Q: I was reading some of the reviews of "Cloverfield" and wondering why every review of a disaster movie must refer to 9/11. The Japanese have made dozens of movies about the destruction of Tokyo in the years since the atomic bomb. Is America as traumatized about 9/11 as the Japanese are about the atomic bomb, so that we must now refer to it every time a movie featuring large-scale destruction comes out? Producer J.J. Abrams mentioned he saw Godzilla toys while in Japan and decided America needed its own "monster." That's all there is to it. Eric Paquette, Sherwood Park, Ala.

A. I'm not sure we got a monster much different than Godzilla, but I know why the reviews referred to 9/11. There is a shot of people fleeing from a cloud of smoke and debris after the collapse of a skyscraper that is an unmistakable reference to TV footage on that tragic day.

Q. What do you think of the controversial redesign of the Web site Rotten Tomatoes? User reaction seems to be running 10-1 against. Greg Nelson, Chicago

A. It's rotten. A nearly perfect site has been junked up, tamed down and made nearly unusable. Also, it looks anemic and ugly. What once took two or three clicks now takes five or six, perhaps an attempt to artificially inflate hits. I hope they listen to the user outcry and do what did a few years ago: Bite the bullet, admit their error and revert to the old design.

I recently looked up a Sundance film, was able to see its Tomatometer (two favorable reviews, one not), then was completely unable to find a way to get to any of the three reviews. The typeface of the review summaries, when you do find them, is so small, it's unreadable. This is amazing: Countless users complain about the ALL CAPS, and the editor responds that it's fine on Firefox and only ALL CAPS on Internet Explorer. Are they seriously saying they unleashed this beta version without even looking at it on Explorer?

Q. In your review of "Memoirs of a Geisha," you quote Oscar Levant as having said: "I've been in Hollywood so long, I knew Doris Day before she was a virgin." I laughed at first, then realized I didn't know what I was laughing at. The association of virginity and Doris Day is indeed funny because of her famously clean image, but I am not sure what Oscar Levant's joke is.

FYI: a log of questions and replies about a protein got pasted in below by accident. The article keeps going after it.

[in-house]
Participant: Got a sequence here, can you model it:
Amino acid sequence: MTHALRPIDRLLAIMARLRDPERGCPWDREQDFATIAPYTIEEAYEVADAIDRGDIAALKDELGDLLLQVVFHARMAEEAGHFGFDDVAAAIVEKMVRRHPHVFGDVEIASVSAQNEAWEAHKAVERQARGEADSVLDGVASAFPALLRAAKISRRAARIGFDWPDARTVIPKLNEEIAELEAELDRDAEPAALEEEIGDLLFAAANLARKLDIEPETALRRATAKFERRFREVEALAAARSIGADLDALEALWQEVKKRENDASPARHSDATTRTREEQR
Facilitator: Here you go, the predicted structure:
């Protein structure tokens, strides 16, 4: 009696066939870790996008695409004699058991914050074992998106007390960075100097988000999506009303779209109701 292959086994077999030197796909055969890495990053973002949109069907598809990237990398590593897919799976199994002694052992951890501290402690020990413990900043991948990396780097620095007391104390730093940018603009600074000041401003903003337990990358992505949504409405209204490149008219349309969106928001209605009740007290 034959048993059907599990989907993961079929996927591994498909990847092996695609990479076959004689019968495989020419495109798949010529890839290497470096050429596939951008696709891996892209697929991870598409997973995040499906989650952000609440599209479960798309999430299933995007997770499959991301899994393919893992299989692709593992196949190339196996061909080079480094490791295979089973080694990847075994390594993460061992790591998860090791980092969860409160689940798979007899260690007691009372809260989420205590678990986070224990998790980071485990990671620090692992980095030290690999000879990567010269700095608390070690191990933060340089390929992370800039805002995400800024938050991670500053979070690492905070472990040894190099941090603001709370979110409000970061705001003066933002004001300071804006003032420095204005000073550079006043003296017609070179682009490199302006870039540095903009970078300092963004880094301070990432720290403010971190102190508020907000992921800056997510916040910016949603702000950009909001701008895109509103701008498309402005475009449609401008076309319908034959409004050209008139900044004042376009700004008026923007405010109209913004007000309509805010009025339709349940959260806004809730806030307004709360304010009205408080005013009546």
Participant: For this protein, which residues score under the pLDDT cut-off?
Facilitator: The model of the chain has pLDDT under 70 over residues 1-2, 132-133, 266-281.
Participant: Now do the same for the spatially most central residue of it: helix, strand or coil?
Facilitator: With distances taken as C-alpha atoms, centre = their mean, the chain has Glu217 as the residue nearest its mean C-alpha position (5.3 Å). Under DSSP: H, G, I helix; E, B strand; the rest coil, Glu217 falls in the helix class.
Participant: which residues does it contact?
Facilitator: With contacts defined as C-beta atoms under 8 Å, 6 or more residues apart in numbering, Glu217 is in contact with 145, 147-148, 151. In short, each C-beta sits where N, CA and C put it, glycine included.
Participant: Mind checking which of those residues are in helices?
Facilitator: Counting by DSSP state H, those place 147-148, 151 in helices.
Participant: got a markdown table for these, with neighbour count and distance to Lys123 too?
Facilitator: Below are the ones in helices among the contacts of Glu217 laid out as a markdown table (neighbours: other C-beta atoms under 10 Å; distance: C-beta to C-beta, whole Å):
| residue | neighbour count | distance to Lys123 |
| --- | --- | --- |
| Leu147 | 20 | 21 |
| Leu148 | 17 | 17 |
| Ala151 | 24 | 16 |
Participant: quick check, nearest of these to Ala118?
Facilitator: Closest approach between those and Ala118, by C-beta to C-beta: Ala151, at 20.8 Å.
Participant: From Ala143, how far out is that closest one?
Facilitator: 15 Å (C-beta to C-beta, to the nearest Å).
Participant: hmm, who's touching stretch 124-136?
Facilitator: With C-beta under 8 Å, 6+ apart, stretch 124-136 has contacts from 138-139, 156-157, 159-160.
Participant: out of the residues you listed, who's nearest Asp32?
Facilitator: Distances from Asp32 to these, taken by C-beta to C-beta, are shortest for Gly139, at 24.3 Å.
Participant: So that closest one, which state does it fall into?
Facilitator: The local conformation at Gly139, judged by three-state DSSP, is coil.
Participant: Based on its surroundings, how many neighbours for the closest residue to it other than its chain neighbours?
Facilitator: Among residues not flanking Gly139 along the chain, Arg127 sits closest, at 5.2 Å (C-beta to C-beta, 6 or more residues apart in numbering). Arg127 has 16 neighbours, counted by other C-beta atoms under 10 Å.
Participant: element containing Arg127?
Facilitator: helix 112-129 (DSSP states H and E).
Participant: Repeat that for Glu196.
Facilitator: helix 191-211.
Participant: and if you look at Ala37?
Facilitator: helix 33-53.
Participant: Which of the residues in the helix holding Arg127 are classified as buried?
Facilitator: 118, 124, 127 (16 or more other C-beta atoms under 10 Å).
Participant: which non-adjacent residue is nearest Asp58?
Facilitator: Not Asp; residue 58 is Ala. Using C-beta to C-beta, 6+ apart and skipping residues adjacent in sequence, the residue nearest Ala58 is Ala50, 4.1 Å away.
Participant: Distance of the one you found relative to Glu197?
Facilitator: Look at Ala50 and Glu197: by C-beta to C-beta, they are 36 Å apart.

Assuming he was being facetious and hyperbolic, wouldn't his words imply to the reader that she lost her virginity quite young, which is something any film fan would know is just not possible given her image? Does it mean that she remained a virgin until, let's say, around the age of 26 and during this time Oscar got his foot in the business? Or could it possibly mean that she lost her virginity at, say, 18 or so, which would imply that Oscar was around about eight years longer in the business had she not been a virgin? Michael Green, Upland, Calif.

A. I'm not sure I follow your math, but I think Levant meant, "I've been around so long I knew Doris Day before she became a virgin." We confuse a lively, spirited and gifted performer (who was touring as a singer with the Les Brown orchestra at 16) with her image in countless movies. As a callow young critic, I joined in the derision of her image, but later sincerely apologized. The fact is, Doris Day was a great and talented movie star, with a singing voice as clear as a bell.

Roger Ebert

Roger Ebert was the film critic of the Chicago Sun-Times from 1967 until his death in 2013. In 1975, he won the Pulitzer Prize for distinguished criticism.